"A recent data security breach involved information on alumni, donors and other related groups from the University of Auckland," alumni (ex-students) were told in an email from the university this afternoon.

"Although the encrypted data included contact details and dates of birth as well as information regarding donations and engagement with the University, it did not include passwords or credit card details," the email said.

The Auckland University alumni and donor data was stored with the Nasdaq-listed Blackbaud, a company that specialises in working with non-profits, including churches (making it the only major competitor, in that religious market with NZ's Pushpay).

Security experts often caution about the likes of dates-of-birth being stolen, because such information can be used for security questions to get a password changed. The university says the data was "encrypted upon theft" meaning the criminals could not read it.

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Privacy Commissioner John Edwards said the breach had been reported to his office.

The attack was detected in May. Why did it take until today for alumni to be notified?

"Blackbaud only notified us last week, but were aware of the breach earlier," a spokeswoman told the Herald. "They have been monitoring for an appearance of the ransomed data on the 'darkweb' since May and have not detected any cases of it being sold or used."

Ths university says it had some 250,000 database entries on Blackbaud.

Ransom paid

Notably, Blackbaud said in a statement that it paid the ransomware attackers.

NZ Police and Crown cybercrime agency Cert NZ recommend that those hit by ransomware do not pay. Data may not be unencrypted or returned as promised, and the proceeds often go to criminal gangs, helping to sustain operations in other areas such as drug and human trafficking. Copies of data might not be destroyed, but instead used for blackmail, and returned data can be booby-trapped to allow future access to an organisation's network, Cert NZ deputy director Declan Ingram recently told the Herald.

"In May of 2020, we discovered and stopped a ransomware attack. In a ransomware attack, cybercriminals attempt to disrupt the business by locking companies out of their own data and servers. After discovering the attack, our Cyber Security team - together with independent forensics experts and law enforcement - successfully prevented the cybercriminal from blocking our system access and fully encrypting files; and ultimately expelled them from our system," Blackbaud's statement says.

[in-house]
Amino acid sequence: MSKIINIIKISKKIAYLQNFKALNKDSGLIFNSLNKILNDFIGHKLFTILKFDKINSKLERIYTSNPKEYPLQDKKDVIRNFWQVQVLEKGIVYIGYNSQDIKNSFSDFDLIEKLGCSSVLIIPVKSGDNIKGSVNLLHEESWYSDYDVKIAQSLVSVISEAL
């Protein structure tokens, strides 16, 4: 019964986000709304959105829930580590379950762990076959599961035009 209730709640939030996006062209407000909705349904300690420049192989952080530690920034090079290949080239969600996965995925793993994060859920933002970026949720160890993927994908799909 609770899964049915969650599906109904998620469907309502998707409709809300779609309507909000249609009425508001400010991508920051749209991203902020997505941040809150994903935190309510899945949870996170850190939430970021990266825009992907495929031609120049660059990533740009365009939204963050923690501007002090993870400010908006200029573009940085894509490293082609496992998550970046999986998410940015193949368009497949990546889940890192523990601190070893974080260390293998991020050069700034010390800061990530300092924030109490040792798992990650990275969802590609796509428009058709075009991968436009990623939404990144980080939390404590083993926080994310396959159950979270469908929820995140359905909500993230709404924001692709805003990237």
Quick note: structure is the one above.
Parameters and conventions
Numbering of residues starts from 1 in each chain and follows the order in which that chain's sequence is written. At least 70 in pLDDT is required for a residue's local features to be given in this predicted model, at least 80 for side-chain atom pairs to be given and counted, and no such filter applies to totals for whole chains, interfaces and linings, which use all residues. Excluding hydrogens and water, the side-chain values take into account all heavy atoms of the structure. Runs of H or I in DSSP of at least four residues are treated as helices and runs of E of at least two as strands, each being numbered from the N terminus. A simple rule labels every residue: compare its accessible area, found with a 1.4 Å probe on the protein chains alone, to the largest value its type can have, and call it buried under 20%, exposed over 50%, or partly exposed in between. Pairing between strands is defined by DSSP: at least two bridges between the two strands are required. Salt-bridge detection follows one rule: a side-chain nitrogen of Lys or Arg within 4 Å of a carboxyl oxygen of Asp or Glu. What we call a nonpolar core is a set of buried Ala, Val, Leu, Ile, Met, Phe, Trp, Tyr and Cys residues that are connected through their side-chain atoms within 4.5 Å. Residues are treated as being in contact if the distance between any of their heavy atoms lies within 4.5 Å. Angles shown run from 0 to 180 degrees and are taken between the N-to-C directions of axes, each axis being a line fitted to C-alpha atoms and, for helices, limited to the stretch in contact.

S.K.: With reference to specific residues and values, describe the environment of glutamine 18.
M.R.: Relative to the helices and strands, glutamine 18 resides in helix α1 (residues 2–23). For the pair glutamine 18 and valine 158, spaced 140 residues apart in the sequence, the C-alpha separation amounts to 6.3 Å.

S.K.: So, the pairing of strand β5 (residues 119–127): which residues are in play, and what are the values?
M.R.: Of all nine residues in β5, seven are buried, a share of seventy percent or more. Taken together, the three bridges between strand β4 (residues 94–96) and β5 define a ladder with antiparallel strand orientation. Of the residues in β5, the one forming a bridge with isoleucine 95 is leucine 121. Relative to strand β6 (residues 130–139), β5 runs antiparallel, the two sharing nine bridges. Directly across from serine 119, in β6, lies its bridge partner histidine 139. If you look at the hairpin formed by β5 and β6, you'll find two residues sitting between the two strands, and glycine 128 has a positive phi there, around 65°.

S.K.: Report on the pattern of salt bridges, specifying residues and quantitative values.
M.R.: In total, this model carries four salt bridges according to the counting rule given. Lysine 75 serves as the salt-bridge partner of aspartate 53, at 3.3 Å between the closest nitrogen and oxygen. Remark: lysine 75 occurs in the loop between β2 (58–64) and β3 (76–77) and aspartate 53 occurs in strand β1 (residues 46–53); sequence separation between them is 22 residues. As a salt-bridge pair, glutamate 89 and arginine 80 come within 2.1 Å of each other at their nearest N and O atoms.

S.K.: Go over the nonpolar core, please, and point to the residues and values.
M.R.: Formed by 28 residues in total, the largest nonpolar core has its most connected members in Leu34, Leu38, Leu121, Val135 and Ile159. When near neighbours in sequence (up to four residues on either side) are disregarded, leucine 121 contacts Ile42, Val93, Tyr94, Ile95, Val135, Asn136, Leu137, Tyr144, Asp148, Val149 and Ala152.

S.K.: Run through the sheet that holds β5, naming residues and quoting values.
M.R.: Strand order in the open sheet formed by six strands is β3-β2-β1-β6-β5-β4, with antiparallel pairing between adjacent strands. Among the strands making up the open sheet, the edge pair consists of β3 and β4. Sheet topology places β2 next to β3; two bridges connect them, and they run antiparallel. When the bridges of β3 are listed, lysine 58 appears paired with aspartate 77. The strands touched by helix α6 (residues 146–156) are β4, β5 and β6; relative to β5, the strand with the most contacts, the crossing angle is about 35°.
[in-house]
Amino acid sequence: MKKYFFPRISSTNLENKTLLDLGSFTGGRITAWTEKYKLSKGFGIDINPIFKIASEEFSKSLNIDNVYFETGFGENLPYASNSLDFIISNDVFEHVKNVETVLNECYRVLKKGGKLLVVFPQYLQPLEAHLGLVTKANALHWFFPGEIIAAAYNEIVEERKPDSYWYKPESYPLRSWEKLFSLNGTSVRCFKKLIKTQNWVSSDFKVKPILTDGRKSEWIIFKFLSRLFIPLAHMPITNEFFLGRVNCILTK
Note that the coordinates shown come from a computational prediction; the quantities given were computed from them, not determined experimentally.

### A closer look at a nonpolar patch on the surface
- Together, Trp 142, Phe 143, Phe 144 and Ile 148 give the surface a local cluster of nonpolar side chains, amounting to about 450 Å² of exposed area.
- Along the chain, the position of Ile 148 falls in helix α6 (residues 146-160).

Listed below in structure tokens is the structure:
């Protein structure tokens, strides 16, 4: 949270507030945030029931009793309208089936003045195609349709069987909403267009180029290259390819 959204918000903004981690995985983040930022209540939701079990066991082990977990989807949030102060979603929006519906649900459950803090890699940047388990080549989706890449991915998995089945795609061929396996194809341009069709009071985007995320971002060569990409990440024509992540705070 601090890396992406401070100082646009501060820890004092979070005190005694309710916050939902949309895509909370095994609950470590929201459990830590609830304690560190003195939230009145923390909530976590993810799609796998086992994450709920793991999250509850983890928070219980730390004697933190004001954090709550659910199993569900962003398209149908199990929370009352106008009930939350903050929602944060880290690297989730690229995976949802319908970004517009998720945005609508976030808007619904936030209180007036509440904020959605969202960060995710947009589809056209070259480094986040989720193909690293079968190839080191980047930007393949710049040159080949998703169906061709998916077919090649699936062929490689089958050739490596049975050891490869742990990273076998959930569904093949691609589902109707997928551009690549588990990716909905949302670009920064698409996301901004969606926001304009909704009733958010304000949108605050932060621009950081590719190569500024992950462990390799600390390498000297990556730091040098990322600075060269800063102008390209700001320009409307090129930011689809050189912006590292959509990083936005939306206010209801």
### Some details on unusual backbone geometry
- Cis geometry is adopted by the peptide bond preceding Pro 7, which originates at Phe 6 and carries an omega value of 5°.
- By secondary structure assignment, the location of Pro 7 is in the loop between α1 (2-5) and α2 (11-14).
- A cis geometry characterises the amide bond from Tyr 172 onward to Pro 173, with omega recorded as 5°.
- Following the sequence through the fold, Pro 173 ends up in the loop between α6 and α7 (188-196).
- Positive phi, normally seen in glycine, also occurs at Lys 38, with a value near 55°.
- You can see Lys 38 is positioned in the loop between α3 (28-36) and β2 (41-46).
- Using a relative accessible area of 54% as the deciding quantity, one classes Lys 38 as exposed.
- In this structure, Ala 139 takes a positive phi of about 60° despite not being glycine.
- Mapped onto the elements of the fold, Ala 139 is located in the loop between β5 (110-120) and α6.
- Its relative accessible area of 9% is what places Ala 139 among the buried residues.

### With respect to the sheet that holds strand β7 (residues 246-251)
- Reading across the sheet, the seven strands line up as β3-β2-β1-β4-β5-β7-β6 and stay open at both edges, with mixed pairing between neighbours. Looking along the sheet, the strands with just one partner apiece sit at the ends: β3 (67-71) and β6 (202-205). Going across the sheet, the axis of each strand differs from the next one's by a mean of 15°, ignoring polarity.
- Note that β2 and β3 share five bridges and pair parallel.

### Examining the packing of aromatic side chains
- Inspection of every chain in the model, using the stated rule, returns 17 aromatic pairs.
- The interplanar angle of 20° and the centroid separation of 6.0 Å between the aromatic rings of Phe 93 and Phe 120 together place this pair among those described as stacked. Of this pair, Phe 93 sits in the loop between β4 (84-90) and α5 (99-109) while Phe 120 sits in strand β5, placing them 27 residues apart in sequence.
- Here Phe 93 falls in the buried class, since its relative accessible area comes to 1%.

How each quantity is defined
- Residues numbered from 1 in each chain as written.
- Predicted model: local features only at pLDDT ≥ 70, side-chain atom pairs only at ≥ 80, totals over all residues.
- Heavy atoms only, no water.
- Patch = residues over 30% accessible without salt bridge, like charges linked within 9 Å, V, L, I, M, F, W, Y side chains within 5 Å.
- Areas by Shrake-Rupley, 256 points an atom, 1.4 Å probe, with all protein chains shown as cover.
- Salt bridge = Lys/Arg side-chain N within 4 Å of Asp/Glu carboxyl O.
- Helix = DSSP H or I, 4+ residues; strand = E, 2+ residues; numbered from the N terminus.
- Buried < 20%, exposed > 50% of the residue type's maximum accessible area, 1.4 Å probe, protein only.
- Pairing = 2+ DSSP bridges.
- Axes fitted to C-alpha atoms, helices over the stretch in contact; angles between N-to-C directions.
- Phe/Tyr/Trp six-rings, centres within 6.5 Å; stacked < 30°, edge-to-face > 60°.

"Prior to our locking the cybercriminal out, the cybercriminal removed a copy of a subset of data from our self-hosted environment. The cybercriminal did not access credit card information, bank account information, or social security numbers. Because protecting our customers' data is our top priority, we paid the cybercriminal's demand with confirmation that the copy they removed had been destroyed."

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No dollar-figure is given, but ransomware attackers in other high-profile incidents, including the TravelEx hack in January (where no money was paid) have demanded sums around the US$5m mark from corporate targets.

Blackbaud's statement continues: "Based on the nature of the incident, our research, and third party (including law enforcement) investigation, we have no reason to believe that any data went beyond the cybercriminal, was or will be misused; or will be disseminated or otherwise made available publicly."

An update to the Privacy Act, which will come into force on December 1, will make it mandatory for organisations in NZ - or that do business with New Zealanders - to report any data breach.